This article is written by Berna Anat, a writer, a video producer, a youth advocate, She’s the voice behind Felicia’s Wallet on YouTube and you can check out more of her opinions on money habits here.
If I had a dollar for every time I heard, “I’ve tried to budget before, but…”?
Welp. I would’ve paid off my $50k debt a hell of a lot sooner, let me tell you.
But before I tell you anything else: Hi! I’m Berna.
Last year, I paid off $50,000 in student loans and credit card bills, quit my job, bought a one-way ticket to New Zealand, and now I travel full-time and make stuff on the Internet to teach people about money.
Now, that doesn’t mean that I sailed gracefully into Budgettown and got all the debt-slaying right on my first try.
My first budgeting attempts were such fails, and for so many reasons.
And now that I’m a personal finance coach, I see people repeat those same fail-reasons over and over, and I just want to collect everyone in my bosom and go, “Sshhh. Do better than me, child. EVOLVE.”
Good money habits are hard to start, but that doesn’t mean they’re impossible.
From what I’ve seen out on the battlefield, here are the top 3 reasons budgets fail – and how to fix them.
[click_to_tweet tweet=”Good money habits are hard to start, but that doesn’t mean they’re impossible.” quote=”Good money habits are hard to start, but that doesn’t mean they’re impossible.”]
If I walk out of the door with my running shoes on but only vaguely tell myself I’m gonna “go for a little run” without committing to a time or mileage?
Nobody is surprised when I lose steam and stop 0.5 miles in for a McDonalds soft serve just to ~treat myself. And, yes, I’m telling a true story here.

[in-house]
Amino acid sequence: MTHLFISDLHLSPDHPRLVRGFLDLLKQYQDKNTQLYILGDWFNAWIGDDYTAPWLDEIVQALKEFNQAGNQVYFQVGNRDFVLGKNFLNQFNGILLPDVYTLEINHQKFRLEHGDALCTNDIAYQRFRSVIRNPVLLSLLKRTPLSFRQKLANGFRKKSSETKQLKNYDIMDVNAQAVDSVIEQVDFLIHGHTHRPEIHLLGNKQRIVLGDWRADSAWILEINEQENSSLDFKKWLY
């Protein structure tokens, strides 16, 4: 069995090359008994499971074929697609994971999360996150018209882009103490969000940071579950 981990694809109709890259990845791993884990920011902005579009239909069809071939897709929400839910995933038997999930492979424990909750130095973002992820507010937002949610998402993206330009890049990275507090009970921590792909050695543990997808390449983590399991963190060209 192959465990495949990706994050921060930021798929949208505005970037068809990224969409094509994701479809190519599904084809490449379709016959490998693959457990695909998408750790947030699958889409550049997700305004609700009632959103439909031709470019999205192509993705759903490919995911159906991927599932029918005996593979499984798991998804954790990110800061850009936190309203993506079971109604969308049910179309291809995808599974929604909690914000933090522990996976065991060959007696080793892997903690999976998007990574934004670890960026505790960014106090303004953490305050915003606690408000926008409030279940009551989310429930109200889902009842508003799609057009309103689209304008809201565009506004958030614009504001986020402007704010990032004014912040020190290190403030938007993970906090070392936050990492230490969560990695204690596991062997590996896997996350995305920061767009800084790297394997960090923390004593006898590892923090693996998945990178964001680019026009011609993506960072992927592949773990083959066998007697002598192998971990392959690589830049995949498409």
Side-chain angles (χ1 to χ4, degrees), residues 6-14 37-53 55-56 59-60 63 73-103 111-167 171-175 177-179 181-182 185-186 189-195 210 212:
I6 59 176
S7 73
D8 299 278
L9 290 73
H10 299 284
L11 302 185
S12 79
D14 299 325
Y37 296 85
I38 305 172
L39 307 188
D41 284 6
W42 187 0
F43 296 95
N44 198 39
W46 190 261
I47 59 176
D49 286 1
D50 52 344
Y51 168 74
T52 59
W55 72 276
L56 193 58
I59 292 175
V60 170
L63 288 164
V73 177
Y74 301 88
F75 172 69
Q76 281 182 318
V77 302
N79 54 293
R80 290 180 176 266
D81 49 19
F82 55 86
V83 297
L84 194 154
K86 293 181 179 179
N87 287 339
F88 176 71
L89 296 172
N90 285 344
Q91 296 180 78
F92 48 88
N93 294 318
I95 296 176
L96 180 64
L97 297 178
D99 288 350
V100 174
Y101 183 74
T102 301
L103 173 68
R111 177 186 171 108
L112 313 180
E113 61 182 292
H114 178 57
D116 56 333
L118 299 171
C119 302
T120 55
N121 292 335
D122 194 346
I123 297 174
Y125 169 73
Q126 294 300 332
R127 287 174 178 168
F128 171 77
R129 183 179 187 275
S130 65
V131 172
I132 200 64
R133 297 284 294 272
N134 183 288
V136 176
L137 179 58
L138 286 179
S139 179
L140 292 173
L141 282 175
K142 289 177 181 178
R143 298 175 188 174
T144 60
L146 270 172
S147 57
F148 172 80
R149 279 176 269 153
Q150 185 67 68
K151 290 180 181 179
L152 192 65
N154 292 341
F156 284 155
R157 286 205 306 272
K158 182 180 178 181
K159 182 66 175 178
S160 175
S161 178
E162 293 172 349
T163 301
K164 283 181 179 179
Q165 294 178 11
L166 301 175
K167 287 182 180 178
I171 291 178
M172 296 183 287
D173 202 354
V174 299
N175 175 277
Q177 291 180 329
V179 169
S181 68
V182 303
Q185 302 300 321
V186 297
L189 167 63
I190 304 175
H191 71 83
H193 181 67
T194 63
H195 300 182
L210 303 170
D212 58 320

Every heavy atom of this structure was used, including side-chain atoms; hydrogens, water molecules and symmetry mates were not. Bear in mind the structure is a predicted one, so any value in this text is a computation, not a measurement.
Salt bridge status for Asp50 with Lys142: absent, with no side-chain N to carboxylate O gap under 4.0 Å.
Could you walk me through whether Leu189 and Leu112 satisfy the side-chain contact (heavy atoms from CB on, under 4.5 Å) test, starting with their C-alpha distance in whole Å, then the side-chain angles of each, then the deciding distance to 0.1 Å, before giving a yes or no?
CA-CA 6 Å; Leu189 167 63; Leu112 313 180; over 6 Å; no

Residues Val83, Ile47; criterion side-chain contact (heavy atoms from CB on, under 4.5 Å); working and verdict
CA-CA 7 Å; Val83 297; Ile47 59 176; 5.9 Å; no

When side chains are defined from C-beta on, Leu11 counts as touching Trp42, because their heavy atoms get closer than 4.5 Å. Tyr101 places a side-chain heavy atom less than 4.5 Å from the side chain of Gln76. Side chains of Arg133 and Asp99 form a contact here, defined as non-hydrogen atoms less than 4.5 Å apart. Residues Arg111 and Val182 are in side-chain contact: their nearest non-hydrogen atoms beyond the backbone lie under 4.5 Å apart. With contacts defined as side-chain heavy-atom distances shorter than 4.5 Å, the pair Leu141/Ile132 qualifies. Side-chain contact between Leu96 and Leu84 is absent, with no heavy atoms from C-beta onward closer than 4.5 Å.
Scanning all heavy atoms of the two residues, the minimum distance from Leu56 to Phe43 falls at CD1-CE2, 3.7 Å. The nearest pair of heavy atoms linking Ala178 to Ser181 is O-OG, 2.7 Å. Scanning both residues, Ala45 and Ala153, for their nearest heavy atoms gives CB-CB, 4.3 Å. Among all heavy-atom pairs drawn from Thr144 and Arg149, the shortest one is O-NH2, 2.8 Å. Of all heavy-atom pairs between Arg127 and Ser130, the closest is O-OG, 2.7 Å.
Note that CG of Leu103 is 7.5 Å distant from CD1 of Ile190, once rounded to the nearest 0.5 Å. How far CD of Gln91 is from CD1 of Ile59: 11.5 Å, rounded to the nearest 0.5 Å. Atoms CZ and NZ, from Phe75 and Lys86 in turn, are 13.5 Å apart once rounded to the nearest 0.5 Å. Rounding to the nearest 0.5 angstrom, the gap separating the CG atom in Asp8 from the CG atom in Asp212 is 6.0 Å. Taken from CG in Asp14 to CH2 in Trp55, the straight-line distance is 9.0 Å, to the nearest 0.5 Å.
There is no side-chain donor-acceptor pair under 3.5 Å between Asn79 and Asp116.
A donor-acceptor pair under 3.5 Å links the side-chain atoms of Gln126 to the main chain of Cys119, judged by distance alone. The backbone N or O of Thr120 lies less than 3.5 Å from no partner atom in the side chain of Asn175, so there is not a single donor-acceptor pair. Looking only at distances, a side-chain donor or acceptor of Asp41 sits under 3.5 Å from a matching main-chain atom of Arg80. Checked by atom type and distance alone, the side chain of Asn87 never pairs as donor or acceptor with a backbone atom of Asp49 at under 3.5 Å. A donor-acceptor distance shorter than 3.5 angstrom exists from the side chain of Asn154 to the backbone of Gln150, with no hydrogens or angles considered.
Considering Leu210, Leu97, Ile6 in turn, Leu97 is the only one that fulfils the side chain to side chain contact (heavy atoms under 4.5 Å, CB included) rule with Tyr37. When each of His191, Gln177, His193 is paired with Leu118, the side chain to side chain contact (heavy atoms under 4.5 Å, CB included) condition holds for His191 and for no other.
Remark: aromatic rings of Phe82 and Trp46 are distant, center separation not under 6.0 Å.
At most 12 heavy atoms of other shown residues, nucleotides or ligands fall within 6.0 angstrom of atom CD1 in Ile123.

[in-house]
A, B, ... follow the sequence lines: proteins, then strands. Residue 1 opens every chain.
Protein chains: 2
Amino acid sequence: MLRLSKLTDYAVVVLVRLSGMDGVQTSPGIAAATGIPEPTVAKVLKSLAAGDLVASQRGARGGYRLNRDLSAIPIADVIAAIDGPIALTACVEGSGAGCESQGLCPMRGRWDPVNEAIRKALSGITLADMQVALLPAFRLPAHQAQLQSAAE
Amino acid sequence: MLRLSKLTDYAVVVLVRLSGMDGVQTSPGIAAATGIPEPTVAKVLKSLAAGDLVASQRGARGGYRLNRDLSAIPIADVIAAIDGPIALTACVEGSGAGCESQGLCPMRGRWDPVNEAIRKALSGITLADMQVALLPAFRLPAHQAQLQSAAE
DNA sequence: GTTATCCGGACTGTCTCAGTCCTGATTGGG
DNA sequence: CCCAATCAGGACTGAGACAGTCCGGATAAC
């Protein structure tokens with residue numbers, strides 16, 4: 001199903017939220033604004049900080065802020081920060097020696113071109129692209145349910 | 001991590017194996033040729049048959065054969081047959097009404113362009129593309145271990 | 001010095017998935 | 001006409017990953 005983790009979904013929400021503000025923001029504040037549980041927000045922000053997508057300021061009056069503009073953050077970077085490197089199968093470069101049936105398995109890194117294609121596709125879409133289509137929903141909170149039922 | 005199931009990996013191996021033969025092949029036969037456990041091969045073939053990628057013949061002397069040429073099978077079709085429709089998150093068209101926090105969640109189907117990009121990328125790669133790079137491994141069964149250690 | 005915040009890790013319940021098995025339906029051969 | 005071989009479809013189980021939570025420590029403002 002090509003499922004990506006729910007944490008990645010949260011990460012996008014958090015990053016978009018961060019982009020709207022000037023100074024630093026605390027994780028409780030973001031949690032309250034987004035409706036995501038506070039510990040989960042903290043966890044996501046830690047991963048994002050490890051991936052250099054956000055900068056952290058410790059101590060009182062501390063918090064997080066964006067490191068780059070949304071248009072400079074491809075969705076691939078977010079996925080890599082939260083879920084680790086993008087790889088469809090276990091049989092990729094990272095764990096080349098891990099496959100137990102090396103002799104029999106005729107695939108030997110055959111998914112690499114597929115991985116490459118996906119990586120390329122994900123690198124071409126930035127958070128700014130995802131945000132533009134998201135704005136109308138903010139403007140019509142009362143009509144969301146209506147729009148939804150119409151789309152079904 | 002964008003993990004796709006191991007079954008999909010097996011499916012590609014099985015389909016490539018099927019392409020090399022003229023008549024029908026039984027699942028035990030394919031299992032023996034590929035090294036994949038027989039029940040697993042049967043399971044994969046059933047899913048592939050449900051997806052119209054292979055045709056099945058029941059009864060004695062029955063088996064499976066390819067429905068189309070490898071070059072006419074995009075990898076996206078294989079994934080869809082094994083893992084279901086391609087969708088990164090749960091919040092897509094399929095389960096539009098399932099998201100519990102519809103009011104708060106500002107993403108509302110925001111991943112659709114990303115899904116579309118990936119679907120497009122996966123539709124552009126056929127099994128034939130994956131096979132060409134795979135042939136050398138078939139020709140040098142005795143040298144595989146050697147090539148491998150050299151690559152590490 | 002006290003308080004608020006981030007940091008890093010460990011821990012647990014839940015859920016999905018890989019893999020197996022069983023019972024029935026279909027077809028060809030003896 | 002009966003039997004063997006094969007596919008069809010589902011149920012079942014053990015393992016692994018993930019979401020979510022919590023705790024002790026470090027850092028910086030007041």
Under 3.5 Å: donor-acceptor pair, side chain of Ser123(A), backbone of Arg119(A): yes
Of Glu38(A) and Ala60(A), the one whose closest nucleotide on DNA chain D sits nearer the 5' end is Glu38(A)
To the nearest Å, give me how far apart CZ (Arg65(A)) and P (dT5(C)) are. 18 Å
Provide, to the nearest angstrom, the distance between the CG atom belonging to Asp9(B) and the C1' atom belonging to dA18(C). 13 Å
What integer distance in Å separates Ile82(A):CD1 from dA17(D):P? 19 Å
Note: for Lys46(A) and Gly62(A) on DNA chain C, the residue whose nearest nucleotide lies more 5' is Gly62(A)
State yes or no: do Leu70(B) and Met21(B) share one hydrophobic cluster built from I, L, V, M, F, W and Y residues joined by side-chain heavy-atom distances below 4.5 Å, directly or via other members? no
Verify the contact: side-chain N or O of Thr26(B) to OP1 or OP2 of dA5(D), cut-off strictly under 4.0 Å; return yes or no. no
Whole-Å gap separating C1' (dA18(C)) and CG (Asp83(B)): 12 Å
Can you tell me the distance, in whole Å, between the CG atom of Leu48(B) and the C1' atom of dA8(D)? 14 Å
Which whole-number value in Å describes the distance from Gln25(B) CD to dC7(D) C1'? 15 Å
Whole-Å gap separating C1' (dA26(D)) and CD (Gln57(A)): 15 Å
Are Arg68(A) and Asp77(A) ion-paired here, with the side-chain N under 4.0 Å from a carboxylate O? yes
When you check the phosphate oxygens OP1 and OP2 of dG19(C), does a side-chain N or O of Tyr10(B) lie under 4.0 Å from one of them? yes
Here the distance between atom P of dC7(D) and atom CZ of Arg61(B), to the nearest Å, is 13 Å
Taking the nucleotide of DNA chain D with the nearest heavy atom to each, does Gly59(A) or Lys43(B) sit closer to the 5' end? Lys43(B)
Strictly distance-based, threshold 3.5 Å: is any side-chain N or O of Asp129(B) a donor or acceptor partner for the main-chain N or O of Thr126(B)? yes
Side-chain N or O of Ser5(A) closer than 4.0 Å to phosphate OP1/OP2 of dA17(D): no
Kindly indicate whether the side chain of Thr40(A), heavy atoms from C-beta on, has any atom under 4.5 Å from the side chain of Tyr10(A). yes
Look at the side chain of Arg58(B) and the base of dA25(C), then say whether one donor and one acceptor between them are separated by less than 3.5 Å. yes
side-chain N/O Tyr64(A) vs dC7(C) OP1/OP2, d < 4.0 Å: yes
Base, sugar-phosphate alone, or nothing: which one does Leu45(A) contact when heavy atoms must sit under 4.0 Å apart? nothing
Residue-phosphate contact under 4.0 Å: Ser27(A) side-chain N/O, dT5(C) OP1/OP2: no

The same principal applies for budgeting: If you just tell yourself, “I’m gonna budget!” without a specific goal, you’ll lose steam, too.
It is not because you are dumb – it’s because you are human, and you’ve already got better reasons to do other things.
So, ask yourself: Why are you budgeting? What goal are you trying to achieve?
Your goal should be ridiculously specific – giving a what, a why, and a when.
A meh money goal is, “I want to budget to put money in my savings.”
A great money goal is, “I want to budget so that I have $5,400.00 in my Emergency Savings account by February 1st, 2019.”
When you say it out loud, it should be so detailed, it might irritate people; it should feel like you’re giving an overblown Starbucks order. (We have to stop hating on the girl who takes 3 minutes rattling off her latte order; at least she knows what she wants, y’all.)
The more specific you are – and the more genuinely excited you are about the goal – the more likely you’ll naturally stick to your budget.
[click_to_tweet tweet=”A meh money goal is, “I want to budget to put money in my savings.” A great money goal is, “I want to budget so that I have $5,400.00 in my Emergency Savings account by February 1st, 2019.”” quote=”A meh money goal is, “I want to budget to put money in my savings.” A great money goal is, “I want to budget so that I have $5,400.00 in my Emergency Savings account by February 1st, 2019.””]